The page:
Articulated Robots: A Guide to the Most Familiar Industrial Robot

Robot Tech

articulated robots common in manufacturing

Articulated Robots: A Guide to the Most Familiar Industrial Robot

Catherine Bernier
Content Manager
,
Content for Cobot

Articulated robots are the most frequently used industrial robots today. Learn why, what they can do, and when you should use them.

An articulated robot has rotary joints and can have up to 10 or more axes. This gives them more freedom of movement which brings with it great versatility. Their precision and style of movement closely mimic that of a human arm. Articulated robots have become indispensable to the manufacturing industry. Let's understand these specialized robots in more detail through the following sections:

  • Standard Applications for Articulated Robots
  • Industries for Articulated Robots
  • When Should You Use an Articulated Robot?
  • How Much Do Articulated Robots Cost?

Standard Applications for Articulated Robots

articulated-robots-type-industrial

 

Articulated robots have a wide range of capabilities compared to other robots. This makes them a great option for most applications. Typical applications of articulated robots in an industrial setting are:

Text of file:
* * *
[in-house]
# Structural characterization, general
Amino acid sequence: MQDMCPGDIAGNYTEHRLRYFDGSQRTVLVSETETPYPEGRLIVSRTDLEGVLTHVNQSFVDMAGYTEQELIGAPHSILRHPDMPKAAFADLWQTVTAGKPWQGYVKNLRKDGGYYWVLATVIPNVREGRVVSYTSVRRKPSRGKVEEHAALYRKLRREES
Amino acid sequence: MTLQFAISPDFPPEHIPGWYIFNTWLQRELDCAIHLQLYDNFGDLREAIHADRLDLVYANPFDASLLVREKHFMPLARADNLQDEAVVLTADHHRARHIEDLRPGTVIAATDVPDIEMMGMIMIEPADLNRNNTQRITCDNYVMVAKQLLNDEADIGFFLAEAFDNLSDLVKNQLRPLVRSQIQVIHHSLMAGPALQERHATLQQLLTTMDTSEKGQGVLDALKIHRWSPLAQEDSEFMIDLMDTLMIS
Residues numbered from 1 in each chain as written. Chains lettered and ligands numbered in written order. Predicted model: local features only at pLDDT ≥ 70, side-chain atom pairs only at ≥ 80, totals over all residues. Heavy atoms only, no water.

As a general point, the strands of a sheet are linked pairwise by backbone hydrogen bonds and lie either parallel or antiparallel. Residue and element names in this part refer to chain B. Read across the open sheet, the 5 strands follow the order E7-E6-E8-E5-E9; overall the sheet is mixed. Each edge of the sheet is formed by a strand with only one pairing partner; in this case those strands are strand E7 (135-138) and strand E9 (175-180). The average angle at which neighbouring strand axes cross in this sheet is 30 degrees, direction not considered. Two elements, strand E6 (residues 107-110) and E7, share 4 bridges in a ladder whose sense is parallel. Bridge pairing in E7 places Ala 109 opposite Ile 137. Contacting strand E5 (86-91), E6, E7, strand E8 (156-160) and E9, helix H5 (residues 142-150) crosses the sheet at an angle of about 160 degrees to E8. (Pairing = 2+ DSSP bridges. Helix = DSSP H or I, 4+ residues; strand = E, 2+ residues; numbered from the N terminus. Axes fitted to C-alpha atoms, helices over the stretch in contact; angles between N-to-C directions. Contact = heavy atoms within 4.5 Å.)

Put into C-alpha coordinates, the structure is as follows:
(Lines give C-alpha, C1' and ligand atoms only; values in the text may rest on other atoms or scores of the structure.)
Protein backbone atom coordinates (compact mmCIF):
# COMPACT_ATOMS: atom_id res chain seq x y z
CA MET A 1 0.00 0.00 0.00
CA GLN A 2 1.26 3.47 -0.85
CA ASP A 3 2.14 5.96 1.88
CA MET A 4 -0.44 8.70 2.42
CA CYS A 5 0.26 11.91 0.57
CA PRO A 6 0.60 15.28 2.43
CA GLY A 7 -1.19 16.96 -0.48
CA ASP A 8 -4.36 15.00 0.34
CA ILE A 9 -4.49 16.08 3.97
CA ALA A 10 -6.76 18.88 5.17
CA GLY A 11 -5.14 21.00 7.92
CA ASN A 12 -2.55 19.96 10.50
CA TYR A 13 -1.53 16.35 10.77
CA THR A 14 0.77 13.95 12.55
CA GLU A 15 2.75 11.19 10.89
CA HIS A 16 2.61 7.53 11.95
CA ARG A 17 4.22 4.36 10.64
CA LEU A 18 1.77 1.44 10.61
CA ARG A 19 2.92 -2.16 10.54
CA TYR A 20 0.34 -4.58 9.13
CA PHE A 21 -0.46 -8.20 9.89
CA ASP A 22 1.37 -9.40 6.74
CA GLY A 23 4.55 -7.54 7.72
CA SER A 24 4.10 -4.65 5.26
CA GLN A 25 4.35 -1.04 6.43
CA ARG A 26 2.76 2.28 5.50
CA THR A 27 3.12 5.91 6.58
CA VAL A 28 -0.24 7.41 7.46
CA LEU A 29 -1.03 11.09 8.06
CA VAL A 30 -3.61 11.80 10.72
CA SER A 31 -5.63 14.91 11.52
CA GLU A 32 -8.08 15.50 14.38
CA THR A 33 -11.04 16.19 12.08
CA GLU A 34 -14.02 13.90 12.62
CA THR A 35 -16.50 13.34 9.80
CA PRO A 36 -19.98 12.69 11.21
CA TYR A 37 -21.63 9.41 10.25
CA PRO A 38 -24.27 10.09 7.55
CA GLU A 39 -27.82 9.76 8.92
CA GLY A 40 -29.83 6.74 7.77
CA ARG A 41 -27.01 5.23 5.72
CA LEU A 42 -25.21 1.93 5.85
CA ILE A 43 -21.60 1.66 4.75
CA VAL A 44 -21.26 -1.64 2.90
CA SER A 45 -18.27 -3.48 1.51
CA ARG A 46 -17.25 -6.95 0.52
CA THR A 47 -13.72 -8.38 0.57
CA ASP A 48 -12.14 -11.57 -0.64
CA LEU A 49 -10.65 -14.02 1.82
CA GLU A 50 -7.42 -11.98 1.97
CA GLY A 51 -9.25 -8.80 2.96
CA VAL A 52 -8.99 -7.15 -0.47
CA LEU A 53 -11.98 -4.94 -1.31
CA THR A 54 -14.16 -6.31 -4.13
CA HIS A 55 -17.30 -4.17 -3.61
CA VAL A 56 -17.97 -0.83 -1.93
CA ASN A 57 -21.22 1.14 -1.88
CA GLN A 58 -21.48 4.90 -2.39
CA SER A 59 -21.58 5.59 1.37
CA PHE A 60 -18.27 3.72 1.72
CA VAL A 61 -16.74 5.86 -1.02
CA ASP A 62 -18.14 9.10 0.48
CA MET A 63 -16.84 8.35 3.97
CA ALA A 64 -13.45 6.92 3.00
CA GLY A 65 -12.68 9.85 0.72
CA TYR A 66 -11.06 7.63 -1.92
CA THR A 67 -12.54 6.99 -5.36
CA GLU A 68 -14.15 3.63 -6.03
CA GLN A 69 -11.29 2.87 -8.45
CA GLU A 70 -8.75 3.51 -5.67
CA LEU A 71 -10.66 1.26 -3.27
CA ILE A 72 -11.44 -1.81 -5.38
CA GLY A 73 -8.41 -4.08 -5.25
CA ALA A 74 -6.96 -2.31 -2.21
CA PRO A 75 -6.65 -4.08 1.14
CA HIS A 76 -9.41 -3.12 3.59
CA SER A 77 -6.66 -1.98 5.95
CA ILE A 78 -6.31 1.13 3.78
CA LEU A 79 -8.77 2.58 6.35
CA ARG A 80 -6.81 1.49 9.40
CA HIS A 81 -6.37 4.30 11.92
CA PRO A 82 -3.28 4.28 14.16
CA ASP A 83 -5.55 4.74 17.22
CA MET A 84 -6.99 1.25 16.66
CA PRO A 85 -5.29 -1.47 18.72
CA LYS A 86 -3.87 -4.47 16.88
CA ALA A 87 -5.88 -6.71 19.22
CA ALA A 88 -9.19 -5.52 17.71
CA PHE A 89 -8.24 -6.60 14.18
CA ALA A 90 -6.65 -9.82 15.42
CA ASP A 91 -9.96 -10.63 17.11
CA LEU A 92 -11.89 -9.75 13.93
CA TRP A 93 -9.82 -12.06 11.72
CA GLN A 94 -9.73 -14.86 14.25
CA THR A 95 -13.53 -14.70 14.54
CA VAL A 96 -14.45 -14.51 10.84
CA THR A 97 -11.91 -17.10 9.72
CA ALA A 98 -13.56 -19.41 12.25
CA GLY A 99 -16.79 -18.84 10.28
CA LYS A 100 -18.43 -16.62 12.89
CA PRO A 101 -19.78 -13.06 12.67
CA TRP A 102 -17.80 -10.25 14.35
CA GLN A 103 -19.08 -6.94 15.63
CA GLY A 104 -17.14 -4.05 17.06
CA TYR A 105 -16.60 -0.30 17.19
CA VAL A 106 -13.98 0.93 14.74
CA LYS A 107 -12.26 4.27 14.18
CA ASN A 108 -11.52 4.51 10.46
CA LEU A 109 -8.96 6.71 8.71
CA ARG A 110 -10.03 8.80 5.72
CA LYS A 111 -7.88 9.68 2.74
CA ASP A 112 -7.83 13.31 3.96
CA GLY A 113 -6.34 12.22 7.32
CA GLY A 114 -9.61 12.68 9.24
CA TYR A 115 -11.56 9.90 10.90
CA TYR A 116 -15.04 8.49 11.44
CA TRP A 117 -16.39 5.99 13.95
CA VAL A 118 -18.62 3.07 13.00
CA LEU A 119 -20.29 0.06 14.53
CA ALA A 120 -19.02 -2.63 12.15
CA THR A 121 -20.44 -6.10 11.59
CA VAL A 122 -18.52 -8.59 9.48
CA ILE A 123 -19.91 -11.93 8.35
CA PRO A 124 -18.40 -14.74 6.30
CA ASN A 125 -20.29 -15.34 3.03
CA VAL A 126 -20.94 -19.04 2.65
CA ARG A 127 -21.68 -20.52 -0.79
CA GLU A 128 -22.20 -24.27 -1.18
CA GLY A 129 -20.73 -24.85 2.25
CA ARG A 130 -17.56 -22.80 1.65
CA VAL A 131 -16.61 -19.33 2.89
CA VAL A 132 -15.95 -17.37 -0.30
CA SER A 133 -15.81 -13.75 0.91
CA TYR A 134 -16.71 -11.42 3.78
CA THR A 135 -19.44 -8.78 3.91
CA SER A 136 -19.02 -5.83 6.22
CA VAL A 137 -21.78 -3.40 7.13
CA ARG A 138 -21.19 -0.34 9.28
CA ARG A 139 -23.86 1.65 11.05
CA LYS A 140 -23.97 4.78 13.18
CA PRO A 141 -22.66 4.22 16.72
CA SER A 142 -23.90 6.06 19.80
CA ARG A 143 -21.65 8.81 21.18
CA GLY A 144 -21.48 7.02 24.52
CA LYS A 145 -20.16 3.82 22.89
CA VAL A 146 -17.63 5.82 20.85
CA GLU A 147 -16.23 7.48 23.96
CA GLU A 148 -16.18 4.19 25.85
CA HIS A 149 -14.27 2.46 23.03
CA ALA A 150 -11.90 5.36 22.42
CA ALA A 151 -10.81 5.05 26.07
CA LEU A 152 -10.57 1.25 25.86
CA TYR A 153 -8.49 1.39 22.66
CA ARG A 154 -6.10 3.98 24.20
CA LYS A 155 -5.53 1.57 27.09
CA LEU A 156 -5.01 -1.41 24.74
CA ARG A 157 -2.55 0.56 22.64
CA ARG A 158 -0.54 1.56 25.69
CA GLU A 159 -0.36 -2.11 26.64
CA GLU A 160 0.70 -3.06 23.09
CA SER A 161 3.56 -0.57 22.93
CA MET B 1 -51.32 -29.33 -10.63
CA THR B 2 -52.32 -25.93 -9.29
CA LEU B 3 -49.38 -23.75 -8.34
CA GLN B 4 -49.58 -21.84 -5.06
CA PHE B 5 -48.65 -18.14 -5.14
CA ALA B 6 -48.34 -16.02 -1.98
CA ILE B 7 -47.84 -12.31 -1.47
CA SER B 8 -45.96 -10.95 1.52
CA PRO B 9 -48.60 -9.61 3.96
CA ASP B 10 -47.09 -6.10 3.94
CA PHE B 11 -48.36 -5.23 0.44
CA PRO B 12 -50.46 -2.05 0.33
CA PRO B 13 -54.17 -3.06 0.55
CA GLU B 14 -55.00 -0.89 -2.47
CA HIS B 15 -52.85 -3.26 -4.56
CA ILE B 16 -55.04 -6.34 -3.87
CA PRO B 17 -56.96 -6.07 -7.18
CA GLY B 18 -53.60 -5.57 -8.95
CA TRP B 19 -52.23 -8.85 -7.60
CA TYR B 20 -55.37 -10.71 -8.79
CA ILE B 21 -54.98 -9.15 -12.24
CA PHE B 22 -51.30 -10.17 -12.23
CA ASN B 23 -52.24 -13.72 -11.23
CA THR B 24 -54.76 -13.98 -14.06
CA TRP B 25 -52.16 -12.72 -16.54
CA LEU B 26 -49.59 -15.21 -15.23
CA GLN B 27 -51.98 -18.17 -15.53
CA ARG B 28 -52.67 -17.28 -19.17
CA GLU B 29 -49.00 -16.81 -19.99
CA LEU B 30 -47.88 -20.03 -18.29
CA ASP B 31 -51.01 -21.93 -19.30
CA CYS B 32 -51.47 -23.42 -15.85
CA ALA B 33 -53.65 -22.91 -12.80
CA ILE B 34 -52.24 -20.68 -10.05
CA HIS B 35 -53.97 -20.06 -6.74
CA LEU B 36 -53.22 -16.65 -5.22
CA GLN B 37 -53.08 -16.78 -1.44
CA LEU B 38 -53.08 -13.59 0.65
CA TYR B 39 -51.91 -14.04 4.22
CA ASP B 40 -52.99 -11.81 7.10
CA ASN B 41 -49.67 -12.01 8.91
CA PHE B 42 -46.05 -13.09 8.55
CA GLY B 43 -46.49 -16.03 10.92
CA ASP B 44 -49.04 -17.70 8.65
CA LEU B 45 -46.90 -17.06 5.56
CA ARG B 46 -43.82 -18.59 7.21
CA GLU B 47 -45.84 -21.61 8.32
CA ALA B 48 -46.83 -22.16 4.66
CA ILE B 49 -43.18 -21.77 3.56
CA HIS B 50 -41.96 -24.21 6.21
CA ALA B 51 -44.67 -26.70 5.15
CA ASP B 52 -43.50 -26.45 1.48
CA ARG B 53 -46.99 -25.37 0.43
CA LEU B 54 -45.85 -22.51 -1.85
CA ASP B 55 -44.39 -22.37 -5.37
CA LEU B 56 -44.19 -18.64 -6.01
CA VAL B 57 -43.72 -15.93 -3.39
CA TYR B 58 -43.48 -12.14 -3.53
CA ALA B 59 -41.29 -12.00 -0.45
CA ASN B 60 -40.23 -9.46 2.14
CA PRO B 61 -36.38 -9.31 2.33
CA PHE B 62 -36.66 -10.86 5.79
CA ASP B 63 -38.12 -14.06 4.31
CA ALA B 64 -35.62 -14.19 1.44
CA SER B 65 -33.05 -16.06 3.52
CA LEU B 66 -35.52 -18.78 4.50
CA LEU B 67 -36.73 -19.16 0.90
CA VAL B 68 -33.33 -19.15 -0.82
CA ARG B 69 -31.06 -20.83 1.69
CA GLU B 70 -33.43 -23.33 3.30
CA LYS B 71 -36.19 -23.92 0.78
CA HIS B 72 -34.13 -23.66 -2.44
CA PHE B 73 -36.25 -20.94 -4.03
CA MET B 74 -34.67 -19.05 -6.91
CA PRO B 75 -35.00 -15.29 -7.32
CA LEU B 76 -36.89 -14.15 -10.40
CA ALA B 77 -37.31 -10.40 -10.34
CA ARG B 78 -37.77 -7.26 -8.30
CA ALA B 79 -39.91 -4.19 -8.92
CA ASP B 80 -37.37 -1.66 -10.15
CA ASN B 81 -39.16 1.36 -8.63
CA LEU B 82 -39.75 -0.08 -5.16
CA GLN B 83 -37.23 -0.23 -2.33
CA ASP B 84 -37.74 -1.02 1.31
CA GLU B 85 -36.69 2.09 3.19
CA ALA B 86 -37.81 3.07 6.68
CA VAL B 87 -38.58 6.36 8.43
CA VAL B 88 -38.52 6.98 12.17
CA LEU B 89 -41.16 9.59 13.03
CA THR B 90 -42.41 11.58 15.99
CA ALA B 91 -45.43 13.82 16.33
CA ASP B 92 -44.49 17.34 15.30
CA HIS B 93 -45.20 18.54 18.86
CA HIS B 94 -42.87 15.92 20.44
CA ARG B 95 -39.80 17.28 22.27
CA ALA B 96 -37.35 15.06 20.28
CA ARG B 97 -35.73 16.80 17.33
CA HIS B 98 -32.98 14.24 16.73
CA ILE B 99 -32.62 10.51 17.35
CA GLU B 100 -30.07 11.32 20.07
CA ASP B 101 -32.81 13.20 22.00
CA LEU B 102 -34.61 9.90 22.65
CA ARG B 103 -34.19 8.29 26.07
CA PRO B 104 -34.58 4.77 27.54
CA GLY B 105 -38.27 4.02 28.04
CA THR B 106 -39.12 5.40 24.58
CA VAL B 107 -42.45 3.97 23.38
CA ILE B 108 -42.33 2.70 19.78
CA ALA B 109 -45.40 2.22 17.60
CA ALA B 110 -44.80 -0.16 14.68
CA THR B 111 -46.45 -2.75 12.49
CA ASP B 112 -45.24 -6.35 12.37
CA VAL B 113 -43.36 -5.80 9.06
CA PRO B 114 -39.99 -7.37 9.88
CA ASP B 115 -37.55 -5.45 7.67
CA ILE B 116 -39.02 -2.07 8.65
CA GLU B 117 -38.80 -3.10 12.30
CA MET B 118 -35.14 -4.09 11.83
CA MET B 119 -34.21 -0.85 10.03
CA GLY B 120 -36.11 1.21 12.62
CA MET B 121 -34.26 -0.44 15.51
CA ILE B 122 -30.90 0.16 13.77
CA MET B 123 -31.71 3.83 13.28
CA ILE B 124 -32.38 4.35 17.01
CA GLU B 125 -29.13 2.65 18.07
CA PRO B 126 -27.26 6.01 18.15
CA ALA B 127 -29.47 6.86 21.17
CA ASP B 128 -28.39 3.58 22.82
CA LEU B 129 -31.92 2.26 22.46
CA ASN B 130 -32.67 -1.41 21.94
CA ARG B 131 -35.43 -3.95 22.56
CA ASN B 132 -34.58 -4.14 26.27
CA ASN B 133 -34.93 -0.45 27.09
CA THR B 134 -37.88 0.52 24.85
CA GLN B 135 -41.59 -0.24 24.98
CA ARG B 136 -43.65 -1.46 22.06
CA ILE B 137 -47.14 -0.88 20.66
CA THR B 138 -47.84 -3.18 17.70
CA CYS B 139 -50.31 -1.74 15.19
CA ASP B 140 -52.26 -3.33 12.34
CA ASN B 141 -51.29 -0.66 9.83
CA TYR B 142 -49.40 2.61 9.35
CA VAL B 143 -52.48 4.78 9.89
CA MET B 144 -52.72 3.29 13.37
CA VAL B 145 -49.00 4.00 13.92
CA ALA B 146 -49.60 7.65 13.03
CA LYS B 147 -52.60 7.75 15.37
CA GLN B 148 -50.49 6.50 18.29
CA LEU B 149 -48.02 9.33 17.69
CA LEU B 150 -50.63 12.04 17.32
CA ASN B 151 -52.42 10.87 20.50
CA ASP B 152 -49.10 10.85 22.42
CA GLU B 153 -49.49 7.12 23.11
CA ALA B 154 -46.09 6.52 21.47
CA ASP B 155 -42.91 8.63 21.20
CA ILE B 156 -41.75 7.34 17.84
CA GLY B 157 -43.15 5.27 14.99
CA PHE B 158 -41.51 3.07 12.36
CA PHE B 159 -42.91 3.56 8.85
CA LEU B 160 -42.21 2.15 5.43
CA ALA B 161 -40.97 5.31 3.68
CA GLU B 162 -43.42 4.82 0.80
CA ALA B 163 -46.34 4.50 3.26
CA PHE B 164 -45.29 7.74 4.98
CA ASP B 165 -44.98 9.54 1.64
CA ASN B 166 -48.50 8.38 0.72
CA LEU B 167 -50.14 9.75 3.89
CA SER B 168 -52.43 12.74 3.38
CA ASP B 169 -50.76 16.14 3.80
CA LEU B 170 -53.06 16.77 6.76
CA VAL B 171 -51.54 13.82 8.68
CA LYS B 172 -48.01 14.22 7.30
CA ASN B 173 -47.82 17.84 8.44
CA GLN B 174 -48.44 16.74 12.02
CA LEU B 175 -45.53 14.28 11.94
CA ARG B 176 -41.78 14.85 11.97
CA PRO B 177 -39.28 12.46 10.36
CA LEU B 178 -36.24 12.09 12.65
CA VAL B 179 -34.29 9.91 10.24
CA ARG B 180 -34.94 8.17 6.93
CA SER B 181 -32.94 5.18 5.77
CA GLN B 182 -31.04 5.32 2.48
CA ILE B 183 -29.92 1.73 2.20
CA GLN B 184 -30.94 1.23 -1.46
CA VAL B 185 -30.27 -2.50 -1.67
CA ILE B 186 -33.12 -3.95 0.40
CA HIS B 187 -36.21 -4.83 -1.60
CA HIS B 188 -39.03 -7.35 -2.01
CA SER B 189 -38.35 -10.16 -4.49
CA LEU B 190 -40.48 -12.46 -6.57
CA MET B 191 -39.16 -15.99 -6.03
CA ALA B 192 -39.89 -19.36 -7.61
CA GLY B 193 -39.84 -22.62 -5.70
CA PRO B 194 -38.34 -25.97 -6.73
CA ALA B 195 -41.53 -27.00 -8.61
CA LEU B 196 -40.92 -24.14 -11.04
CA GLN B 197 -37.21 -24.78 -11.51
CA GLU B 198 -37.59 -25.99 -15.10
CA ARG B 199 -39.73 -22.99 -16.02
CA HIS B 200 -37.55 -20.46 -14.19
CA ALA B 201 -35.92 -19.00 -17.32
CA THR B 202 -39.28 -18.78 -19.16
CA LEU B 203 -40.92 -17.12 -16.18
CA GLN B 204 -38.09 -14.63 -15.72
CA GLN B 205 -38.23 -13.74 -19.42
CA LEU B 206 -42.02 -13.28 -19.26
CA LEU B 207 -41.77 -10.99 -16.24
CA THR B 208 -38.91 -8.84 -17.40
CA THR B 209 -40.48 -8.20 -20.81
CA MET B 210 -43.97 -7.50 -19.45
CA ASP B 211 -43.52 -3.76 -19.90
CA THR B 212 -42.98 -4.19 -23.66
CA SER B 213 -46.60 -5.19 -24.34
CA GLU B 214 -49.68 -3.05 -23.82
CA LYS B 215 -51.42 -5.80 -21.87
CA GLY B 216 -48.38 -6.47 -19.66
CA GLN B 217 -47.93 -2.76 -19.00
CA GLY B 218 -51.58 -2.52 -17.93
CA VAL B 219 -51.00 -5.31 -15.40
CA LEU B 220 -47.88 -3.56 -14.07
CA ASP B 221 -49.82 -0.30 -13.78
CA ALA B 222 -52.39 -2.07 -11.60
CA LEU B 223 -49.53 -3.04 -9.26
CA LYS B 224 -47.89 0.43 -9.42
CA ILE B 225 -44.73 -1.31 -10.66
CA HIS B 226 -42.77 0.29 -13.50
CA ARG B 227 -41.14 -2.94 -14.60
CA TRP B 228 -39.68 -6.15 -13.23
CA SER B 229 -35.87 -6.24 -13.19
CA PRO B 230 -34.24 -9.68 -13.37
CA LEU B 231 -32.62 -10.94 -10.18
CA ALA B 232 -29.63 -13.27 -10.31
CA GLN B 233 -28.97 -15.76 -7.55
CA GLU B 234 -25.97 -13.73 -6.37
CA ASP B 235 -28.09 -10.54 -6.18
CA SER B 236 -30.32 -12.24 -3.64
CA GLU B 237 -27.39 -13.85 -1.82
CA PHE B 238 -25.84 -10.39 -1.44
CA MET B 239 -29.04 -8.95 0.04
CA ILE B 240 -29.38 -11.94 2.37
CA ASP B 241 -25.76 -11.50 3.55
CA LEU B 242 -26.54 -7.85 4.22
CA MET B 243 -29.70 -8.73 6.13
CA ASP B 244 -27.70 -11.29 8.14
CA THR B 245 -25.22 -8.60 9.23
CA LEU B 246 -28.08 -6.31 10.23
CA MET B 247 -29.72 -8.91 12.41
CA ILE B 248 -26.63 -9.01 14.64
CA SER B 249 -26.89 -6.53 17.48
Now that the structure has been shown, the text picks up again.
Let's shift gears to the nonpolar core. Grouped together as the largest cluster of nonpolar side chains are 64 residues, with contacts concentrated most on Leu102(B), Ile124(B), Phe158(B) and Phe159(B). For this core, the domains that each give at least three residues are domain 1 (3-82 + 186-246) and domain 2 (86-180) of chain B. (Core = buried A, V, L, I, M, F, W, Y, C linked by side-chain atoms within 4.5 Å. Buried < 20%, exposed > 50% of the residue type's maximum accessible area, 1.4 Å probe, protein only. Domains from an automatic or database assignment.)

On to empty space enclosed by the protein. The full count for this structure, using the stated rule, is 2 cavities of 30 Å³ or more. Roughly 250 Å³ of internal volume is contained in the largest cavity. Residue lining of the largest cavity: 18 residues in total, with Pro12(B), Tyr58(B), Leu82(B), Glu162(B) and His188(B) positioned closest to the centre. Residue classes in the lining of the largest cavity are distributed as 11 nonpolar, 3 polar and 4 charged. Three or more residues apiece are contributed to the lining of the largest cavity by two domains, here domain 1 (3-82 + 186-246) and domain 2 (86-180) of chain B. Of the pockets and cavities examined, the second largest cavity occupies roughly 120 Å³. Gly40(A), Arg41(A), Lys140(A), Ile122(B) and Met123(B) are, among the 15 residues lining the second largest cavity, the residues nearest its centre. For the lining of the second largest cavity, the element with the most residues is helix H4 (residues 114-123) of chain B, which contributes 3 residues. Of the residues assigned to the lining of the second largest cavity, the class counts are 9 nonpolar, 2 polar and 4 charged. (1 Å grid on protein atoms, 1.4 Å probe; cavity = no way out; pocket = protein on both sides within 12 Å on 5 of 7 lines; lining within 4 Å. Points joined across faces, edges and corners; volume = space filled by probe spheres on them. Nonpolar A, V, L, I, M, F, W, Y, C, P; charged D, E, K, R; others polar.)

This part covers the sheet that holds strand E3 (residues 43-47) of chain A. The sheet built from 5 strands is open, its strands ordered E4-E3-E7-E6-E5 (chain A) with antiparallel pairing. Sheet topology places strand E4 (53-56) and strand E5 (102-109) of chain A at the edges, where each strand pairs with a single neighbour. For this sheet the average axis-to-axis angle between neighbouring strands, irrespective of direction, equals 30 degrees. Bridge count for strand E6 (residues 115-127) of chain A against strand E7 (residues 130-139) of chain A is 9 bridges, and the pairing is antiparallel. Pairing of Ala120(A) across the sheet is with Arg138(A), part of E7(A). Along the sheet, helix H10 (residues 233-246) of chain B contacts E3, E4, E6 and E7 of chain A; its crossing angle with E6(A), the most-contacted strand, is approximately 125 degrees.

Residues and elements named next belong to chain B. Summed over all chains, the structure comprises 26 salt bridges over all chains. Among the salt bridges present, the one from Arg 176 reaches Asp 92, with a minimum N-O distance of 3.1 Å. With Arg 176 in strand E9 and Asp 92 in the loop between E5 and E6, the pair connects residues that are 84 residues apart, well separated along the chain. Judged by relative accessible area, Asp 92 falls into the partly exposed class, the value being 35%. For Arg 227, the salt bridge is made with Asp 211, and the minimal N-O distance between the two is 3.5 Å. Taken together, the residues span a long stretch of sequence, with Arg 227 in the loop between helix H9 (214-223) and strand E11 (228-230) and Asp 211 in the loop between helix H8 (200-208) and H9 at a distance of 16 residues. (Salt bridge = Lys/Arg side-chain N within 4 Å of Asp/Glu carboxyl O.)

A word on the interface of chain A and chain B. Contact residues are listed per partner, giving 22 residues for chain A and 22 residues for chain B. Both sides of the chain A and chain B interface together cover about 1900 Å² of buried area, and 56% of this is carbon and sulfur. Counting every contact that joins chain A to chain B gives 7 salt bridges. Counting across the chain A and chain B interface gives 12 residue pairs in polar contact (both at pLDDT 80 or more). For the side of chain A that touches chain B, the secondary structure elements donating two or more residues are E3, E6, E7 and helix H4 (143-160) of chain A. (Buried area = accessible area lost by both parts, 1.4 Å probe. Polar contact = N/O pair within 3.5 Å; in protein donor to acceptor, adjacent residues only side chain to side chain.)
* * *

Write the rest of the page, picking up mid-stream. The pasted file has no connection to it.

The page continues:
• Material Handling
  • Welding
  • Assembly
  • Machine Tending

Material Handling

Material handling is a common industrial application for articulated robots. It can include tasks like palletizing, pick and place, and bin-picking. Articulated robots are great for these applications because they can be scaled to handle high payloads and reach. These applications can quickly become too difficult for other robot types. For example, a delta robot can perform a pick and place task quickly. But what if the part is a heavy billet of steel? Suddenly, this task is too much for the delta. To put this in perspective, high-end articulated arm models can handle 1000+ kg payloads. A large delta robot could handle something in the 10-20 kg range.

Welding

Welding was one of the first applications for industrial robots. A major reason they excel here is due to their dexterity. Welding applications often require precise movements at specific angles. These angles simply aren’t achievable with other robots like SCARAs and Deltas. Placing the wrong robot in a welding application can severely limit the quality of the welded part.

Assembly

Articulated robots are great for assembly applications for several reasons. Their joints allow them to move in ways other robots can’t. Their payload capacity also enables them to move payloads other robot types can’t lift. They are precise enough for even small assembly tasks. For this reason, you find most automated assembly tasks performed by articulated robots.

Machine Tending